The Urban Agriculture Training Program, for instance, is used to teach some of the basic skills of gardening, agriculture, and the basic tenets of urban agriculture in particular. Many who graduate from the program go on to find work in farmer’s markets, supermarket produce departments, and other urban projects.

Friday, February 3, 2017

The Guest House of Milwaukee Endeavors to Help the Homeless

After graduating with an MD from the University of Wisconsin in Madison, Steven Armus went on to a medical career in Racine, Wisconsin. Currently working as a prairie restoration consultant, Steven Armus also donates to the Guest House of Milwaukee.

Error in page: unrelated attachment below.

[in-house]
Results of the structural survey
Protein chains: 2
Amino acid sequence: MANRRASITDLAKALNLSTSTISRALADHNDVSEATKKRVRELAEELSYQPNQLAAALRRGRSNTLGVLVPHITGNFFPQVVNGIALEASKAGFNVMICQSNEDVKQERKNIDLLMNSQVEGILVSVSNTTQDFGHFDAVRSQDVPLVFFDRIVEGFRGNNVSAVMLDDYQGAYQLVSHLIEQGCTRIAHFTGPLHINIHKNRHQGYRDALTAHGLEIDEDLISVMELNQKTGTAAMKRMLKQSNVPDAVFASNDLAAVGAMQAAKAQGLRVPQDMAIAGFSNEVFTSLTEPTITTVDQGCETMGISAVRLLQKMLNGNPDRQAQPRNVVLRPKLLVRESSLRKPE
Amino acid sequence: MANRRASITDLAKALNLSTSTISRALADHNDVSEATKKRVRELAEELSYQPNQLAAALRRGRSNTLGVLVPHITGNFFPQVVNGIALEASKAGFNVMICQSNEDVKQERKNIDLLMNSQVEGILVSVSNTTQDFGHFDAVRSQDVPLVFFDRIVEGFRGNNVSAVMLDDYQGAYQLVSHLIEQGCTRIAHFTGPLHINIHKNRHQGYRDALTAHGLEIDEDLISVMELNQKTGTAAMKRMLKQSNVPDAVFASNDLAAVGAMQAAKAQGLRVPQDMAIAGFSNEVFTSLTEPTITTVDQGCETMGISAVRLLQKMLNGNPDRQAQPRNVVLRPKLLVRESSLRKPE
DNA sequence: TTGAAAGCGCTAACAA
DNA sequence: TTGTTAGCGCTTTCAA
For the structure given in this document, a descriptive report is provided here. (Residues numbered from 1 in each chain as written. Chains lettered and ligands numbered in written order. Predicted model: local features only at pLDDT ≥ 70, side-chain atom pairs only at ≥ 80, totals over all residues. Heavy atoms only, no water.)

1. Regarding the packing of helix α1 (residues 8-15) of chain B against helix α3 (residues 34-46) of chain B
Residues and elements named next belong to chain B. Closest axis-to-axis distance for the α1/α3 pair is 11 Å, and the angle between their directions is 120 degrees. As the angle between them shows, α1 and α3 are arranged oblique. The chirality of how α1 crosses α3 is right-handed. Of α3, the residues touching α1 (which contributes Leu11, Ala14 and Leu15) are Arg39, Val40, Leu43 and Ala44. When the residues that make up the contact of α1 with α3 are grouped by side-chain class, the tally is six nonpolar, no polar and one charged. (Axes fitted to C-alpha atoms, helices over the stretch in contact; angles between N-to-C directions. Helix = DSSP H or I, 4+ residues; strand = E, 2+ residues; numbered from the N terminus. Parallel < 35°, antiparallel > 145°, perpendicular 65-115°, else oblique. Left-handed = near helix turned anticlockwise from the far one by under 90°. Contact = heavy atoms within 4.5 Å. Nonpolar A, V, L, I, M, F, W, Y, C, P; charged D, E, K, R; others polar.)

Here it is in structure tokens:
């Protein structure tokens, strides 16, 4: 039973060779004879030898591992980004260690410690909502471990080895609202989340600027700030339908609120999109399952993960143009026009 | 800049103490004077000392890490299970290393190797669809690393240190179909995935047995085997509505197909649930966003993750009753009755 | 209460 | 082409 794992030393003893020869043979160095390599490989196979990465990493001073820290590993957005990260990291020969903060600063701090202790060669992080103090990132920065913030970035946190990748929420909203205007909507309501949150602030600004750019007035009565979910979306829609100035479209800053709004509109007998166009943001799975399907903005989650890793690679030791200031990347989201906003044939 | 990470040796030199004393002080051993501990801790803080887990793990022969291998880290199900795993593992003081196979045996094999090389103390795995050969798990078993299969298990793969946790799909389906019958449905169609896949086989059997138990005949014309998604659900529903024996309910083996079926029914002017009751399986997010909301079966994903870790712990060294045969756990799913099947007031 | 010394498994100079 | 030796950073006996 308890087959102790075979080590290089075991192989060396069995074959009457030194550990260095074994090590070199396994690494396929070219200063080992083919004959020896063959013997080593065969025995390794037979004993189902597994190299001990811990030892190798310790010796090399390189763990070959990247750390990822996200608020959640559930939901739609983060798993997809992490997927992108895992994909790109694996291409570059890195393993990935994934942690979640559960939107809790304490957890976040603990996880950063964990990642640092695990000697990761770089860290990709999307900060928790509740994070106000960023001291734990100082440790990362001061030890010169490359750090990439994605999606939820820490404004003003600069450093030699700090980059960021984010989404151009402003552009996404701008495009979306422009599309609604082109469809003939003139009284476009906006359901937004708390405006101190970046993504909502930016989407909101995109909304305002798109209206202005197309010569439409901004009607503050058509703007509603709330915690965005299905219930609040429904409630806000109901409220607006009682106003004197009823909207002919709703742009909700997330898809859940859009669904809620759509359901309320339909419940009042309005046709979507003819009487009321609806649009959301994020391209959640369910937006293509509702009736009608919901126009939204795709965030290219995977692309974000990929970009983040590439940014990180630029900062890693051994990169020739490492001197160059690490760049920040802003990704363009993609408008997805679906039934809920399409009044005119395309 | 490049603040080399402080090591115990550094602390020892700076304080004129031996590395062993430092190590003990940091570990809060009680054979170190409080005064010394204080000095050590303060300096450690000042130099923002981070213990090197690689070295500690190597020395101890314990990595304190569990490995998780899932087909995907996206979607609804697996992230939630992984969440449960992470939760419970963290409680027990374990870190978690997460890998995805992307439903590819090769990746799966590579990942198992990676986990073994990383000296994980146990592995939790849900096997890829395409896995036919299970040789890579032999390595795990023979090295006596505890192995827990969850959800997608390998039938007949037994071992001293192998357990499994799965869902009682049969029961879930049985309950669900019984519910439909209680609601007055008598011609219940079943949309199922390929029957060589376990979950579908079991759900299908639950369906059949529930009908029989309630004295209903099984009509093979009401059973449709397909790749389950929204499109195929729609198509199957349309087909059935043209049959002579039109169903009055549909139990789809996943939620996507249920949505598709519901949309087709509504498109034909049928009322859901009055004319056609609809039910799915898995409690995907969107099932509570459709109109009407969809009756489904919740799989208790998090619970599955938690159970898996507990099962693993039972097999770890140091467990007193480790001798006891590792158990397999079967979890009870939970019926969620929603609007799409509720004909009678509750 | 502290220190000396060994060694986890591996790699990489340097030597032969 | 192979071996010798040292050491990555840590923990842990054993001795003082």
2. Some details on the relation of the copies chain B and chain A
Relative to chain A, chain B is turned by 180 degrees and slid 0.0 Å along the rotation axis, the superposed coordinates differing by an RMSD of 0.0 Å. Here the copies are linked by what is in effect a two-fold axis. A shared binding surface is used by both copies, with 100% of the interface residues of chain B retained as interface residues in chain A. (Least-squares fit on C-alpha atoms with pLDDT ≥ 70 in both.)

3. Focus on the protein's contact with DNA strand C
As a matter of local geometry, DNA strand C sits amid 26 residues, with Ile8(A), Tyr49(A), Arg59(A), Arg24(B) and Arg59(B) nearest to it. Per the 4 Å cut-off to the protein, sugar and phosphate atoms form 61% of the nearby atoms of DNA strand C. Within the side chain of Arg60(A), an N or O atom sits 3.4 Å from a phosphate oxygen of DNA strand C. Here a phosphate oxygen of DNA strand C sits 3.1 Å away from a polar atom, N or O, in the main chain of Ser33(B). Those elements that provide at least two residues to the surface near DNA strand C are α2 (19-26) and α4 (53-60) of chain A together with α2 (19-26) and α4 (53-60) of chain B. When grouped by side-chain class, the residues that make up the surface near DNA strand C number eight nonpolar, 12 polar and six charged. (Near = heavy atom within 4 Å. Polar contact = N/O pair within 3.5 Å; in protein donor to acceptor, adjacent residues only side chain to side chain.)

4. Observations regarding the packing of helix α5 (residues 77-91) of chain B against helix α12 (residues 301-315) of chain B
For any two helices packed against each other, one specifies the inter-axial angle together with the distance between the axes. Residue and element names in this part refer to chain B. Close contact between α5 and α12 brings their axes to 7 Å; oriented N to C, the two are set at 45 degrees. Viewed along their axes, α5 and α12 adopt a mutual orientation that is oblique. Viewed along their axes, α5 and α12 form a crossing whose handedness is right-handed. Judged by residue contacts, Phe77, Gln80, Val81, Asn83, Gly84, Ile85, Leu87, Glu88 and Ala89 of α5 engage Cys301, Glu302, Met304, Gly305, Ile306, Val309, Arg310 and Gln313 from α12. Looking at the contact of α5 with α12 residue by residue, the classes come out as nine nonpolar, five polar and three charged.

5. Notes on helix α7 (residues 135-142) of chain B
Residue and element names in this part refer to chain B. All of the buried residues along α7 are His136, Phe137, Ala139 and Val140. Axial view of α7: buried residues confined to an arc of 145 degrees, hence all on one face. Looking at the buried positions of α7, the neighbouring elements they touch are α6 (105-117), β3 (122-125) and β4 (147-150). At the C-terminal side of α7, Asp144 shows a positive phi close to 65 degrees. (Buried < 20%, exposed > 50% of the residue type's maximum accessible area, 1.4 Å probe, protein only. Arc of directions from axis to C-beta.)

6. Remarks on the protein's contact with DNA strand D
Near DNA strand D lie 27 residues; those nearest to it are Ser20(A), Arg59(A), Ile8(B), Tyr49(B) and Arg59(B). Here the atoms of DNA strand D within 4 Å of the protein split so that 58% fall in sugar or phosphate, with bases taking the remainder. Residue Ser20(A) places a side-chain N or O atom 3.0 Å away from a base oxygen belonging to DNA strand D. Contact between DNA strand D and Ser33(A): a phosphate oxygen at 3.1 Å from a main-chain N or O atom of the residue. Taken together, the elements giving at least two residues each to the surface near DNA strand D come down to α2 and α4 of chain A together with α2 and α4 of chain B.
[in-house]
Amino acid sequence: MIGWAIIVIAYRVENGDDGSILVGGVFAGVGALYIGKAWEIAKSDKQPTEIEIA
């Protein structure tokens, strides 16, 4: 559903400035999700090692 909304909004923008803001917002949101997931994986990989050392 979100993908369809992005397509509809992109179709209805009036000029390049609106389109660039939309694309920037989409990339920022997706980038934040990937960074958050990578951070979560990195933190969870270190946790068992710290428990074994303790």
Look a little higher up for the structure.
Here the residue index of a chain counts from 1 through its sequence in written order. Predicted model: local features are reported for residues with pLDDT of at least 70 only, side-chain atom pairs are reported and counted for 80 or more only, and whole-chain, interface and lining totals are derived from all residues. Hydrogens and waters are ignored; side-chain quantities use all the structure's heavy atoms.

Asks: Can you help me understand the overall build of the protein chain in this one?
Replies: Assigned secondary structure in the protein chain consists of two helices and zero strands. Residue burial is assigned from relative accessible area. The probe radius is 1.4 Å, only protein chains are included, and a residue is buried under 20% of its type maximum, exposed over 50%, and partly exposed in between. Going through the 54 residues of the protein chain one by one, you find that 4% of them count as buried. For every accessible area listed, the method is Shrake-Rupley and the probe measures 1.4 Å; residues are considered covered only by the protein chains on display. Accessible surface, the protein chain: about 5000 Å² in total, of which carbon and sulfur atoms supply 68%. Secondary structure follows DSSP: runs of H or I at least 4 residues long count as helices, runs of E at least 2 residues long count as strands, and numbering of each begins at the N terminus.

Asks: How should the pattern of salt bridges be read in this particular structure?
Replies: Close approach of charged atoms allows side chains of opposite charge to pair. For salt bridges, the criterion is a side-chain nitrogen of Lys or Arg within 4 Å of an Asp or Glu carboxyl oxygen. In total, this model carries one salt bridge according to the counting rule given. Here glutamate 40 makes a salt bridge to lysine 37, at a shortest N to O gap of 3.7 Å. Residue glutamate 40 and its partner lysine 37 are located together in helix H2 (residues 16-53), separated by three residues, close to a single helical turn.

The Guest House of Milwaukee had its beginning in 1981, when increasing numbers of homeless residents caused Milwaukee's Central City Churches to push for a neighborhood solution to the problem. The county government made an old emergency room lobby available for a shelter. In 2015, the Guest House added 8,000 square feet to its facility including a modern commercial kitchen with more dorm and restroom space. 

Despite the progress made in serving the disadvantaged, there are still approximately 1,500 individuals homeless every night in the city, while there are only about 1,000 available beds. Of these homeless men, 39 percent suffer from some form of mental illness, and 20 percent are veterans.